According to the population records, there were 1,547 souls on Filicudi in 1911. Until then they had lived rather well by exporting capers, olives and their dark sweet wines. Two world wars thoroughly changed that: the islanders left their home by the hundred. “To Argentina to live, to America to earn, to Australia to die”, they used to say as they stood their ground in the New World:
From being a labourer without a word of English, you worked your way up to become a greengrocer, then a manager running an entire hotel empire. La Mafia? – No! Il lavoro! Work and then more work – and cooperation. Filicudi is proud of her famous sons. The island has produced journalists and entrepreneurs overseas, and one famous man: John Bonica, pioneer of local anesthetics and a world champion free-style wrestler.
Yet while things were taking off in America, Atlantis, a unique culture in the Tyrrhenian Sea, was foundering on the other side of the world. Strangers from the mainland arrived on the island and took possession of the land. In the beginning, they did not care whether the vines and the olive-trees bore fruit, caught fire or were eaten by cattle. Wall after wall, terrace after terrace collapsed.
Only recently have the “new Filicudians” developed a sense of nature and copied from the tourists an appreciation of greenery and gardens. But do they really understand the voice of the sea, the secret murmurings of ancient cranesbills, the gospel of the moon?"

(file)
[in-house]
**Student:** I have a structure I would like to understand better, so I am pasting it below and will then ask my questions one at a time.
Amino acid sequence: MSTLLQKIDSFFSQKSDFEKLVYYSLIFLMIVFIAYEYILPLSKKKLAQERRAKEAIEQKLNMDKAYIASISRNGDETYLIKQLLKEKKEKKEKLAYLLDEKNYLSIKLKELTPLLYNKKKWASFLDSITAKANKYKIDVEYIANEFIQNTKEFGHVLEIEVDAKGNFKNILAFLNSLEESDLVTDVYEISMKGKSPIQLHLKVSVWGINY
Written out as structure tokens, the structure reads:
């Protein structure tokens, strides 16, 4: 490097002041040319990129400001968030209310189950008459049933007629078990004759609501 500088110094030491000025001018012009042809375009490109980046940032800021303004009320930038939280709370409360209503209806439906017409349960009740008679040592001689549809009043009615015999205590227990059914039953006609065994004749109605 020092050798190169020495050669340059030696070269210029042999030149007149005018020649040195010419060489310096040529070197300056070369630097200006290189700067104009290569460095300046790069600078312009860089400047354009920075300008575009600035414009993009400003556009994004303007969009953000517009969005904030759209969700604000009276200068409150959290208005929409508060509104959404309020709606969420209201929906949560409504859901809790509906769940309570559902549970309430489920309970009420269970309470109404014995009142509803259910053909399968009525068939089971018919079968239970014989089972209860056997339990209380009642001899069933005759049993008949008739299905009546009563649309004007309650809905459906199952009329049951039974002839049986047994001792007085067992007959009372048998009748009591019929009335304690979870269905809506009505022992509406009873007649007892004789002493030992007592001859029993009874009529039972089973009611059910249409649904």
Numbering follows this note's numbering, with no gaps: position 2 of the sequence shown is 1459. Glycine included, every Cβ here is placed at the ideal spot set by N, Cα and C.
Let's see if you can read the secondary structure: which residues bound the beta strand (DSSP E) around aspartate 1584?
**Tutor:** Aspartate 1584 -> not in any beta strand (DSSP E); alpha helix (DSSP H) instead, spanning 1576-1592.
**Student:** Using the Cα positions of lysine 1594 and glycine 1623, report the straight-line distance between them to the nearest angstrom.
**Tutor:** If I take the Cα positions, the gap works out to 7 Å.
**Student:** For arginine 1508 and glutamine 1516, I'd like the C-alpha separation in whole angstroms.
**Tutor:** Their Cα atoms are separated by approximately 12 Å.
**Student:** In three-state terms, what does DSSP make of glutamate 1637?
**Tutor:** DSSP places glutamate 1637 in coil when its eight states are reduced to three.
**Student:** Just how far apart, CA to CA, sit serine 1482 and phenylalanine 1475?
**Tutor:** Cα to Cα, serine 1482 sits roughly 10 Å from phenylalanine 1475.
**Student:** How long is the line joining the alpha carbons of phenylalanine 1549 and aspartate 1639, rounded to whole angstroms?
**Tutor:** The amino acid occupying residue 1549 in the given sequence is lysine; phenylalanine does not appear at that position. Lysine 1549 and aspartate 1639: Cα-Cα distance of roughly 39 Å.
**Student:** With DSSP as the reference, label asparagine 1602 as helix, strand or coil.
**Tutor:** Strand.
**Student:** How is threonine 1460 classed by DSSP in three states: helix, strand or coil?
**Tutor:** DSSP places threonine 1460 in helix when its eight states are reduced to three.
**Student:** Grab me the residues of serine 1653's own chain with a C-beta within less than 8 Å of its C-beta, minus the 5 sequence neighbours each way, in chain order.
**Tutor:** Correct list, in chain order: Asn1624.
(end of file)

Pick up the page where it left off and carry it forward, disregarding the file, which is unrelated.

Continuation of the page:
«Distant islands are as much his domain as the realm of the word or the empire of the inner self!"
B.Häusler, BERNER BäR

Audio documentation to the book in German:

Aldo Gardini - Swiss Radio has realized a fascinating one hour feature with the singing, working, living of the people of Filicudi. Listen here to the Saint Stefano-procession.

Download «The island» e-Book
english by Archibald Mc Kenzie

in french by Martine Thomas

Documentary film (Italian)
"Men & Stones"


Buy the German book directly from the author:
Please pay the amount, add CHF. 8.- (in Europe), or add CHF. 18.- (overseas) for shipping and handling.

With Paypal, account: eolo@rolandzoss.com

By Postal account:
Roland Zoss, Bern, IBAN CH57 0900 0000 917920208,
Also send an e-mail with your order information.